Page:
It took a while but I put together a fairly lengthy tutorial on how to make an Exhibit site that gets its info from a Google spreadsheet feed. It’s complete with tutorial files and a number of screencasts. I’m not sure it’s out of beta yet but I’m inviting anyone who’s interested to check out the tutorial and let me know if I’ve done anything stupid or made absolutely no sense in any portion (which is likely when trying to describe how the different view options work). I tried to include a rationale for using the project with Millennials as well as step-by-step directions to get a basic working copy up and running. The customization piece was a lot harder to do w/o specific requests to cover. If you want to know how to do anything I didn’t cover feel free to contact me and I’ll throw up some more video. The link is here. I’d appreciate any feedback- good or bad. Thanks, Tom
So I finally managed to get Exhibit working. Which is pretty impressive considering I’ve been working on it during NECC and I’ve failed a few times before. The site is up here. The death locations aren’t correct right now but I welcome any feedback you’d care to give. I think it has some really interesting potential in enabling students to interact with and see relationships between different types of data (geography/time/facts/eras). Plus it looks pretty, is interactive and you can click to sort/categorize everything on the fly. I used the same layouts used in their Presidents example. I took what they’d done and changed categories, some css etc. to create information that was more relevant to what we have to study. It was something of a hassle to get this done but I think it was worth it and I’m working on creating a basic template to allow teachers to put the data into a Google spreadsheet and drive the site through that. Here’s a short video showing what it can do. Click here if you can’t see anything below.
Bouncing Ball, originally uploaded by baslercast. It’s just another tool and it makes possible some quick connections that lead to bigger things. Connections are good- no matter how trivial they might seem. Last night I noticed Basler bookmarked the same water balloon catapult I did. I mentioned that in a comment. He responded with a flickr link to a water balloon launcher they made for physics last year and then I found the picture above, in which students took a photo and then explained the physics demonstrated by each picture (description below). What a cool idea and it seems to be part of a larger AAPT photo contest. It shows the period of time during which a ball was compressed against the ground after being thrown towards it. During the period of time which the ball is compressing on the ground, the ball’s kinetic energy is transferred into elastic potential energy. The ball is also dissipating some of its energy which results in the ball not bouncing back to its original height.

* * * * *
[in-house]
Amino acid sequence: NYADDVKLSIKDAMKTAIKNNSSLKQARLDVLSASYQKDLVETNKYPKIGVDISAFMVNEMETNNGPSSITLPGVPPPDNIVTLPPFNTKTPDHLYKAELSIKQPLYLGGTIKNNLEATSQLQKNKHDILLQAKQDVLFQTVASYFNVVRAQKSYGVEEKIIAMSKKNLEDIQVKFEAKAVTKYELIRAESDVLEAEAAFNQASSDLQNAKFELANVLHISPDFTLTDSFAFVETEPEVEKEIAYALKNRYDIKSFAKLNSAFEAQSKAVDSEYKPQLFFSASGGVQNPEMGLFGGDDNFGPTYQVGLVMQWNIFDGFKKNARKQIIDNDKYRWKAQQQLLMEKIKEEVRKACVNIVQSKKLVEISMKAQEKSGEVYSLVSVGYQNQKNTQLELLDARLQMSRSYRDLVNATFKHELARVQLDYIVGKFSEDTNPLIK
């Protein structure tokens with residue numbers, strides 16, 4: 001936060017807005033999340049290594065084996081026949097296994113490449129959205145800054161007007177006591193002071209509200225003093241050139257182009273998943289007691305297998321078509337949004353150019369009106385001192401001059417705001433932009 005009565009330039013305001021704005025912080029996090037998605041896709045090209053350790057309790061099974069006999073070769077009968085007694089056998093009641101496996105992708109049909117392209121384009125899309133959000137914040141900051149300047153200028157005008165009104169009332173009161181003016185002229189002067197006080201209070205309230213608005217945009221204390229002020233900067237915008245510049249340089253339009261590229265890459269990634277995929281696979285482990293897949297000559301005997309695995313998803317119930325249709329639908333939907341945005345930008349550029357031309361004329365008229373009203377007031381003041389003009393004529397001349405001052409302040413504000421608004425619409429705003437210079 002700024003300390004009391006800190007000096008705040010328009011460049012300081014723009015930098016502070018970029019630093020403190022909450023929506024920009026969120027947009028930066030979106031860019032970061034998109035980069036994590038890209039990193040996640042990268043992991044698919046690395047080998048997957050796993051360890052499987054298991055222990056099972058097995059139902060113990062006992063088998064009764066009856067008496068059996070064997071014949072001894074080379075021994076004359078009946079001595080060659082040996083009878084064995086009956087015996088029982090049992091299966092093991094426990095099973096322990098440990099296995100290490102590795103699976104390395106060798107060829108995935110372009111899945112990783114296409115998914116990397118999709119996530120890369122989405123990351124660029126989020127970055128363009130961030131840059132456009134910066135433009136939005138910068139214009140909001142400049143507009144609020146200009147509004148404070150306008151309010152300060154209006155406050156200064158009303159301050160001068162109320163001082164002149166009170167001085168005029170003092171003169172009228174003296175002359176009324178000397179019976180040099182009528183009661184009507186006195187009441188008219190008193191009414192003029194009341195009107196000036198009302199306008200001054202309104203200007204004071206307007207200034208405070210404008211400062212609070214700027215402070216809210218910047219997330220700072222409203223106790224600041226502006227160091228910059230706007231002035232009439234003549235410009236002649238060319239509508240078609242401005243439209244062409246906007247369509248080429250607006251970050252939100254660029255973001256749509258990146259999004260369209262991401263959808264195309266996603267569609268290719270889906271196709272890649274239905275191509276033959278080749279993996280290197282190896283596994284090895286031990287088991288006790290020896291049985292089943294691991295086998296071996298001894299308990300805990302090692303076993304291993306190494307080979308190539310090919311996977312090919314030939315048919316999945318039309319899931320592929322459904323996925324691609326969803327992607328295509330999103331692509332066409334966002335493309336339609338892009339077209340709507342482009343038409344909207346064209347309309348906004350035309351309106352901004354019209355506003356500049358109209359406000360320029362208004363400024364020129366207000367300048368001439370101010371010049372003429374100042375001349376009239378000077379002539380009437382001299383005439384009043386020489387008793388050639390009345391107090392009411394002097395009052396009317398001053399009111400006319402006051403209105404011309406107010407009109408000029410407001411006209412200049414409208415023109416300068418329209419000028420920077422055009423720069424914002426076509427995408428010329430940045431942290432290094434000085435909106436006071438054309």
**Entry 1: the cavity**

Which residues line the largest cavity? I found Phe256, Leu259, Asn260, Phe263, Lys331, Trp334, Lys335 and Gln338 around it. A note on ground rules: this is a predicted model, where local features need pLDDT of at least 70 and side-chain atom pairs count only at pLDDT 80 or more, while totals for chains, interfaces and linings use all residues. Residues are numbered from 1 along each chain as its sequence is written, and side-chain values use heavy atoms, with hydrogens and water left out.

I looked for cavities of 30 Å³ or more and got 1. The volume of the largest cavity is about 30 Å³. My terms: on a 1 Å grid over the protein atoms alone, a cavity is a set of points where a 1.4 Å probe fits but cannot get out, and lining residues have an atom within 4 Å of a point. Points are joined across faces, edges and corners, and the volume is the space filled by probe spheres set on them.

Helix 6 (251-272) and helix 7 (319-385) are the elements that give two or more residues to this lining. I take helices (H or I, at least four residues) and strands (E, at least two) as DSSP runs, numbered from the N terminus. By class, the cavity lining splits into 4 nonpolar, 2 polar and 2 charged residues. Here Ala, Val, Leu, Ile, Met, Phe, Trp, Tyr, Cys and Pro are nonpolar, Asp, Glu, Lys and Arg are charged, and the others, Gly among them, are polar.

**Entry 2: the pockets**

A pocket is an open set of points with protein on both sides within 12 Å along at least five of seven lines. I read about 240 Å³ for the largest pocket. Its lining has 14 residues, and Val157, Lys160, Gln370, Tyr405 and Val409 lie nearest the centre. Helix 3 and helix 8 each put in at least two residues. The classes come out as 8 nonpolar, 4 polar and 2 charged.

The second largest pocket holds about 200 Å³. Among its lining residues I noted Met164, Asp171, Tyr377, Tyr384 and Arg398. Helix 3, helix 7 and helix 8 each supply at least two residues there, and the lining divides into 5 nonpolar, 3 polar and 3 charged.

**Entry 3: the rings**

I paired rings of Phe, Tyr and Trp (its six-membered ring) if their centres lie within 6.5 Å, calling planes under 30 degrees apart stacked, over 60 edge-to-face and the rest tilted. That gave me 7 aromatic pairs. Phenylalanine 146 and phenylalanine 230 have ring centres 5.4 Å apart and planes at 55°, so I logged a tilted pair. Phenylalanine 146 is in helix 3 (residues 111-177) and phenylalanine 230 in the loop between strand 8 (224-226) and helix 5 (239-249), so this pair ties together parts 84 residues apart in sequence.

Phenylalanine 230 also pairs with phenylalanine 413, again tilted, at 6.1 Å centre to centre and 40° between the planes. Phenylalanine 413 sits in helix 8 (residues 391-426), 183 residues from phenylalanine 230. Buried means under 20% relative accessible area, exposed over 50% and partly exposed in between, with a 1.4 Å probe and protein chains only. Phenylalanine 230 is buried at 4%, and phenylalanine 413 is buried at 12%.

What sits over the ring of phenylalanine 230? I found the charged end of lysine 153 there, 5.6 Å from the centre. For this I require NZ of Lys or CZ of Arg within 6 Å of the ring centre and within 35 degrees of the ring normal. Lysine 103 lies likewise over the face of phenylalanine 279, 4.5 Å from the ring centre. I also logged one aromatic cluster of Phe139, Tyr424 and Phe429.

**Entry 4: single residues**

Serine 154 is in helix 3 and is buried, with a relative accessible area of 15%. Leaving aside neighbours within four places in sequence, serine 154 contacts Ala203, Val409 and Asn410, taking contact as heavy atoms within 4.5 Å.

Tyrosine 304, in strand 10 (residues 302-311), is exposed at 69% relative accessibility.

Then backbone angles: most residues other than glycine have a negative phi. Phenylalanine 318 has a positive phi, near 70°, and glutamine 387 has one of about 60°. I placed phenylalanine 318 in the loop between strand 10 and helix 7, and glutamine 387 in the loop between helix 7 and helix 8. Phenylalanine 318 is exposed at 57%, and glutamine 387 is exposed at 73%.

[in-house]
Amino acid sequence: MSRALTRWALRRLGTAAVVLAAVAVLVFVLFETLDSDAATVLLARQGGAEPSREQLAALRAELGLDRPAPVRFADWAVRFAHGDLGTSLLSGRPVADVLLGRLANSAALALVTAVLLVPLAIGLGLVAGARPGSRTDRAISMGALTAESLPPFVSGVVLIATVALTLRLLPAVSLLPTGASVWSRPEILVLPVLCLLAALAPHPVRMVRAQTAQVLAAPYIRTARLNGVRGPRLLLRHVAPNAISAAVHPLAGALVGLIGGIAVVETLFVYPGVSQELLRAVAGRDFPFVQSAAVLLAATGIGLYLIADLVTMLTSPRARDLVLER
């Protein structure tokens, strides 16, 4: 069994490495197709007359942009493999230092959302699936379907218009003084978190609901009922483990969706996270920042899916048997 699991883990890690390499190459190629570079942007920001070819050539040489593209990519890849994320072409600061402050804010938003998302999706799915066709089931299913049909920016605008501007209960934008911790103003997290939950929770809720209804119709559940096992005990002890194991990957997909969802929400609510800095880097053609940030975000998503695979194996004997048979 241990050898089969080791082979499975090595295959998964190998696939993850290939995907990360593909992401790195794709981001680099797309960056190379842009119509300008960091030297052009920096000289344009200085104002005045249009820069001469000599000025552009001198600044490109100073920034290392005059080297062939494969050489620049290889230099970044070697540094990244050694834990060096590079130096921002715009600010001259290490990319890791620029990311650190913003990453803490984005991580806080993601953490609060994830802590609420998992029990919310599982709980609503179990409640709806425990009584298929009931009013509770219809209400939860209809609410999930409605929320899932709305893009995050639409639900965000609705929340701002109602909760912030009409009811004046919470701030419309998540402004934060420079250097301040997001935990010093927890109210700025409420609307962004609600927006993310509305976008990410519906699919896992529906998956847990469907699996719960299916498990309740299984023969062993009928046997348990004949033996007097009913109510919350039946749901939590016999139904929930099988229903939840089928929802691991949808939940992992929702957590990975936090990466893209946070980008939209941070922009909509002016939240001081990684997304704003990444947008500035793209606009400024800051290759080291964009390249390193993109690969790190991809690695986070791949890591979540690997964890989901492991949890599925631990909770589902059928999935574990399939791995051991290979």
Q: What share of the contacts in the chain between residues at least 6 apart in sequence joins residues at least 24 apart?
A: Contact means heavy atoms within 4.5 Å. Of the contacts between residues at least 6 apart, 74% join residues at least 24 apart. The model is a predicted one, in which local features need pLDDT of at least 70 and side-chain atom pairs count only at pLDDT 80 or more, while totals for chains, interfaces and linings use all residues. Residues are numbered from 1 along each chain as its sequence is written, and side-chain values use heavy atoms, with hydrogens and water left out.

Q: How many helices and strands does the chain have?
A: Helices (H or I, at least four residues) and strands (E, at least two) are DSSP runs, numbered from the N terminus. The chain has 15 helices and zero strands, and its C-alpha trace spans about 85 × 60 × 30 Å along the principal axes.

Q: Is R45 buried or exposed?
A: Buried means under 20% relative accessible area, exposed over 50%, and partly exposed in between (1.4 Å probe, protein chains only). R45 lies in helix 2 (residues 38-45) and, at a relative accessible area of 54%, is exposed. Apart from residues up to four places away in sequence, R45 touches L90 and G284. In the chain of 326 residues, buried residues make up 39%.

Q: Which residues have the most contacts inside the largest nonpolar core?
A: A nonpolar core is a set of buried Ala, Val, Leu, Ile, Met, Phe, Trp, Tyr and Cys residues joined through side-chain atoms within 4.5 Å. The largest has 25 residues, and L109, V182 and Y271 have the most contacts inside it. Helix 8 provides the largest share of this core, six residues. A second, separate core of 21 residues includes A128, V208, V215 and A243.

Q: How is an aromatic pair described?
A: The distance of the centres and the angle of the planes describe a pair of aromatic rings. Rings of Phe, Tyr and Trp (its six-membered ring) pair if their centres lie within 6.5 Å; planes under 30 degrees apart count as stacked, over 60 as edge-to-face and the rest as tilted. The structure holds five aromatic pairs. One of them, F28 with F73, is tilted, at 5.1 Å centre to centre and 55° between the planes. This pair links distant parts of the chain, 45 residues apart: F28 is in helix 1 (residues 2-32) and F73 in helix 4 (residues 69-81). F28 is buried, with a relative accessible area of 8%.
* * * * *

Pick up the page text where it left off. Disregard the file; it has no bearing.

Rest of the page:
Does this sound familiar? You’re driving downtown and see a piece of graffiti that doesn’t quite “tickle your fancy” (as the kids say). You pine to yourself, “Man, I wish I could leave some feedback for that artist. If this were on The Web, I could simply leave a comment.” Well, pine no more. I give you the Graffiti Report Card. Seriously, it excites me to find an example of such a fundamental characteristic of our internet bleed out into real life. It might be fun to create a stylized sticky note template (similar to this one) that would allow students to give feedback on all sorts of things (behavior, performance, product, compassion). Link (via BoingBoing)
I’ve been using Comic Life for a while now (which is probably pretty obvious to anyone who reads regularly) BUT I’m trying to help get a site license approved for the county so I made up two quick examples of other types of uses today and figured I’d post them. If anyone has done anything cool with Comic Life and feels like sharing some examples of student or teacher work I’d appreciate it. The history example hits on SOLs 6c and 6d dealing the Revolutionary War and why the colonists won. This example is meant to show how it can make relatively dull vocabulary work more entertaining. Sure, could do something similar in Word BUT the key is that Comic Life makes this both very easy and very fun. I seem to recall that fun things work better with kids.